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May 1997

Baseball Trade Card Image

Trade Card: P. Lorillard & Company's "Splendid" Plug Tobacco. Pictured on the front is "The Detroit League Base Ball Club 1886"
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Baseball - 1880s Style

Welcome to the 1880s. Baseball fever is sweeping the country! Urban centers boast professional teams of paid, recruited players, like the Detroit Base Ball Club pictured on this trade card. The club is part of the National League from 1881 to 1888. (The Tigers were created in 1901, as part of the newly organized American League.) The Detroit Base Ball Club is gaining some notoriety. They'll win the pennant (the forerunner of the World Series) in 1887, beating the St. Louis Browns of the American Association in 10 out of 15 games.

Chief among the team's heroes is star catcher Charley Bennett (pictured upper right). Charley is the first professional-league catcher to wear a chest protector outside his uniform. Detroit fans so adore him that they will name their first official ballyard Bennett Park. Charley is the team's "muscle;" center fielder and team captain Ned Hanlon (pictured center) is its "brains."

The passion for baseball is equally evident in small-town America. Amateur clubs show up just about anywhere that nine men can agree on a time and place to practice. Games against rival towns and villages engender fierce local pride. Over in the village of Waterford, Michgan, some country lads have formed a team called the Lah-de-dahs. Their exploits are well documented in the local newspaper. On September 2 of 1887, local fans will smile to read, "George Wager is the best catcher in the township and of the Waterford nine; if he fails to catch the ball with his hands he will catch it with his mouth."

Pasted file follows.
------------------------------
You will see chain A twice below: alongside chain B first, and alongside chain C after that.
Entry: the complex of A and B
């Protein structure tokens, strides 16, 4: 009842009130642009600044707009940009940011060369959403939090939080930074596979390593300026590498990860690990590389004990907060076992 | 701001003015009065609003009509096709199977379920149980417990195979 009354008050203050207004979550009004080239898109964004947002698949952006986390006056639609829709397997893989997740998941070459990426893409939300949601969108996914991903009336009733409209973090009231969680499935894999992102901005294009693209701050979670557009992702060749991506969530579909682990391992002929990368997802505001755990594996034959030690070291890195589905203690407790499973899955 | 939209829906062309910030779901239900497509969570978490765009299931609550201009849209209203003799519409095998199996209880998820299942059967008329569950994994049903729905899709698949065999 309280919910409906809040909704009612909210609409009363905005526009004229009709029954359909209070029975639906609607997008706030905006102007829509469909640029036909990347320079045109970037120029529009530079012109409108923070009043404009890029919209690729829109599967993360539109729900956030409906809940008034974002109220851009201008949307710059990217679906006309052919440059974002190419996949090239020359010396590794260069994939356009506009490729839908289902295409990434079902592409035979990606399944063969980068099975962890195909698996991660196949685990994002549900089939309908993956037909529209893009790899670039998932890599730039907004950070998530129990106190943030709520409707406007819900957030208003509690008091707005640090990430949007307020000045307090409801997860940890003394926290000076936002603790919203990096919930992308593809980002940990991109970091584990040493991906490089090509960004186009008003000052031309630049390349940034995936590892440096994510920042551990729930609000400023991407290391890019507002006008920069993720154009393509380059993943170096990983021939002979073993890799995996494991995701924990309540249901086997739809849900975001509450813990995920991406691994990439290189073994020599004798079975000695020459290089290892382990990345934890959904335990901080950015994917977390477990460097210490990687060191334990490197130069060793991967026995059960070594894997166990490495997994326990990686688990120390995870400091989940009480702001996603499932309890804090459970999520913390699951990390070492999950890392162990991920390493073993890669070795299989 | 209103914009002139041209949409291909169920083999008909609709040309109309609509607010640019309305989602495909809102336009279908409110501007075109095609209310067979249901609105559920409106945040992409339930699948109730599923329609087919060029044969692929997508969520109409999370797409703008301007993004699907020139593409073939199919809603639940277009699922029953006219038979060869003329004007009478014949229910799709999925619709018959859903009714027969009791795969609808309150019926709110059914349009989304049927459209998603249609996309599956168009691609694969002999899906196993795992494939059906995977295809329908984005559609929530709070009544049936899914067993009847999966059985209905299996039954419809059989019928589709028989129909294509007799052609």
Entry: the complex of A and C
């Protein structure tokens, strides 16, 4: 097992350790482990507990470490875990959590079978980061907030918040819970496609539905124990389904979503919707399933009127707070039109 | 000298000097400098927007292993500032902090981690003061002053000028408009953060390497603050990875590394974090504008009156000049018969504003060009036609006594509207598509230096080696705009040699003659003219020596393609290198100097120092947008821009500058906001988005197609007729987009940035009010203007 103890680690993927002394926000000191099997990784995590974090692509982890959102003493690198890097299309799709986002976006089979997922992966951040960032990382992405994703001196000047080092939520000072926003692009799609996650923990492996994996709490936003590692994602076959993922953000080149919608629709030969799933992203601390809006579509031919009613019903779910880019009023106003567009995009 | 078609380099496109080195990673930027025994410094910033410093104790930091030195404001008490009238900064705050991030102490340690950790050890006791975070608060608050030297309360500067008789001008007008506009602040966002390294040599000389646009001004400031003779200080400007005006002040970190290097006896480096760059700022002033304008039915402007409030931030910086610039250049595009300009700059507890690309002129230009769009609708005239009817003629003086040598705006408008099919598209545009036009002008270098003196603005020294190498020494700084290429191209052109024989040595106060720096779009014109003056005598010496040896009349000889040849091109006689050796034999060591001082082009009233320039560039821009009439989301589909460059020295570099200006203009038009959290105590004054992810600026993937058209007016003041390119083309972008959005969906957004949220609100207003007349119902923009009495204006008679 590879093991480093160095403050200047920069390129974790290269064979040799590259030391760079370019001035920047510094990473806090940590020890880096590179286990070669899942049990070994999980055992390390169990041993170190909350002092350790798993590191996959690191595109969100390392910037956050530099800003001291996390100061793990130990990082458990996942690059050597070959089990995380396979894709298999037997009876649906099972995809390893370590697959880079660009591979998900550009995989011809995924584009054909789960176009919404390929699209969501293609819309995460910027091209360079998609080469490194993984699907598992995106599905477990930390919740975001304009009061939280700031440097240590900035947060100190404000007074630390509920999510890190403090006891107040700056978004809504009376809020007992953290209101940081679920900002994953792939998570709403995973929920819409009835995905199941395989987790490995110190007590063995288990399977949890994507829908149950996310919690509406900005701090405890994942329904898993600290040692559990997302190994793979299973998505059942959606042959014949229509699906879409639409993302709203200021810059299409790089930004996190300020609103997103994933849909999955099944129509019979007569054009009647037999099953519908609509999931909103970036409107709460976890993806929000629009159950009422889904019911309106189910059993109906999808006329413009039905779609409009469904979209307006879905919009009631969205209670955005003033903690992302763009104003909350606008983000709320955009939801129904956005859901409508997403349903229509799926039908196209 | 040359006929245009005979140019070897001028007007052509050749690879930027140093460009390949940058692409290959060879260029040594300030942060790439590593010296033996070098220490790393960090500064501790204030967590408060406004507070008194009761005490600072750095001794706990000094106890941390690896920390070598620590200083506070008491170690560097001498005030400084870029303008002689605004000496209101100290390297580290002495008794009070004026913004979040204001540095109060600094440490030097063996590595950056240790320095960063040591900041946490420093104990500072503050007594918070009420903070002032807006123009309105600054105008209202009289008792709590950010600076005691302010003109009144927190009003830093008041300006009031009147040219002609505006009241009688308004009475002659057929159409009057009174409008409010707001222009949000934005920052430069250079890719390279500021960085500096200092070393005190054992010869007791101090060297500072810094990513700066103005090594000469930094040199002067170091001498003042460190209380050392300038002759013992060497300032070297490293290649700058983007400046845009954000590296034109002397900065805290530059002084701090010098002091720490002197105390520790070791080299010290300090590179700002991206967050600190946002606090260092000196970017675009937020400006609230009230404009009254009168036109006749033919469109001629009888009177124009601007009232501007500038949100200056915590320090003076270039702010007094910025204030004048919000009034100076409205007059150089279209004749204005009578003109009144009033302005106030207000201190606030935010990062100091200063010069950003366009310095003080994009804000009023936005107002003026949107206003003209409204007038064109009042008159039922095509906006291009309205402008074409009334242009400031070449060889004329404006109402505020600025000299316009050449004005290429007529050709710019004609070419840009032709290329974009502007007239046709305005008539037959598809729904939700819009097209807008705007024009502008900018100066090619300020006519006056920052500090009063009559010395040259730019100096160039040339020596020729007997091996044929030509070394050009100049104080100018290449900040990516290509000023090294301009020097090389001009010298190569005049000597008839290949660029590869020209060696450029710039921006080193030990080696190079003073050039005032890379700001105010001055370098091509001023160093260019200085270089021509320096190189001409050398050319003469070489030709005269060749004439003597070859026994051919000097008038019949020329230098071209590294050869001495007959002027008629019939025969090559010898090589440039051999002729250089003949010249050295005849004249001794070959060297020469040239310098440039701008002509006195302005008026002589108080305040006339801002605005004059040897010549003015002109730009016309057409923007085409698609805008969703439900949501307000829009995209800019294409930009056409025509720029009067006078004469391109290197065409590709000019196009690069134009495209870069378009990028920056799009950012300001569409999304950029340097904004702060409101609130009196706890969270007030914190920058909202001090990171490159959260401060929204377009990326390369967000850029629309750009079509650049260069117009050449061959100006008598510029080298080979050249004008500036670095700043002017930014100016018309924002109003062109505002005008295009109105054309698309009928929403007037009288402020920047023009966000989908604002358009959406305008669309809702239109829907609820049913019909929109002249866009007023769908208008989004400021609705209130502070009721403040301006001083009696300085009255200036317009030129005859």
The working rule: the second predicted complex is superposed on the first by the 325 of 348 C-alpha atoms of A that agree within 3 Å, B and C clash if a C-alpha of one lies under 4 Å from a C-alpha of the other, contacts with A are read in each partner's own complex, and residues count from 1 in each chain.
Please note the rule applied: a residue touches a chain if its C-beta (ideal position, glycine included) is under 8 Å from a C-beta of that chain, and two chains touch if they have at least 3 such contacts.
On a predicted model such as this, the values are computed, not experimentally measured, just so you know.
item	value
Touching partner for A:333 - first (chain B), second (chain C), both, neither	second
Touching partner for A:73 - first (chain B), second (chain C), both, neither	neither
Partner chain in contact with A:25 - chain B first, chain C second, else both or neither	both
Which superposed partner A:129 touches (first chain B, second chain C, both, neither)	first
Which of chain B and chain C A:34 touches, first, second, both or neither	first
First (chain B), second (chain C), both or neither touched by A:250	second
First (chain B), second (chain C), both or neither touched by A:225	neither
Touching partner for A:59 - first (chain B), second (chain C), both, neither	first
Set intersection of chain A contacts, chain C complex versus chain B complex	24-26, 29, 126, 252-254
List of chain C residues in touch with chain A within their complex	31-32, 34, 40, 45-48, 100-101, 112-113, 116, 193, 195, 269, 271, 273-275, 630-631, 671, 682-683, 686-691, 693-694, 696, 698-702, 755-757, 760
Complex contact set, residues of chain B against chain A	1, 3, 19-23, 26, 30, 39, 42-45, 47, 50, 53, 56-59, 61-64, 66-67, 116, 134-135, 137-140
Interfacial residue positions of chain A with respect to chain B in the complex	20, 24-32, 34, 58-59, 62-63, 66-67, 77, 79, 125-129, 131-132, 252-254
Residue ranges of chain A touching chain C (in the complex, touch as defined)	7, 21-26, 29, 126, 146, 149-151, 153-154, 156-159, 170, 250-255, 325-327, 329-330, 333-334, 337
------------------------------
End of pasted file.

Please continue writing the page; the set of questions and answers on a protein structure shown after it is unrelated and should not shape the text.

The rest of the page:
See the Lah-de-dahs in Action
Would you like to see the Lah-de-dahs in action? You can, every summer in Greenfield Village. You may even be able to play with them! After studying historical documents like photographs, rule books, and newspaper articles, we've formed our own team with the look and playing style of an 1880s amateur baseball club like the original Waterford Lah-de-dahs.

When you go to a Lah-de-dahs game in Greenfield Village, you will notice some different baseball terminology. For example, instead of "batter up," the umpire will declare "striker to the line." When he notes "three hands dead," he simply means that the side is retired. Most importantly, when something good happens, be sure to yell "huzzah" along with the other fans and the team. It means "hurrah" and is nineteenth-century baseball's version of "the wave"!


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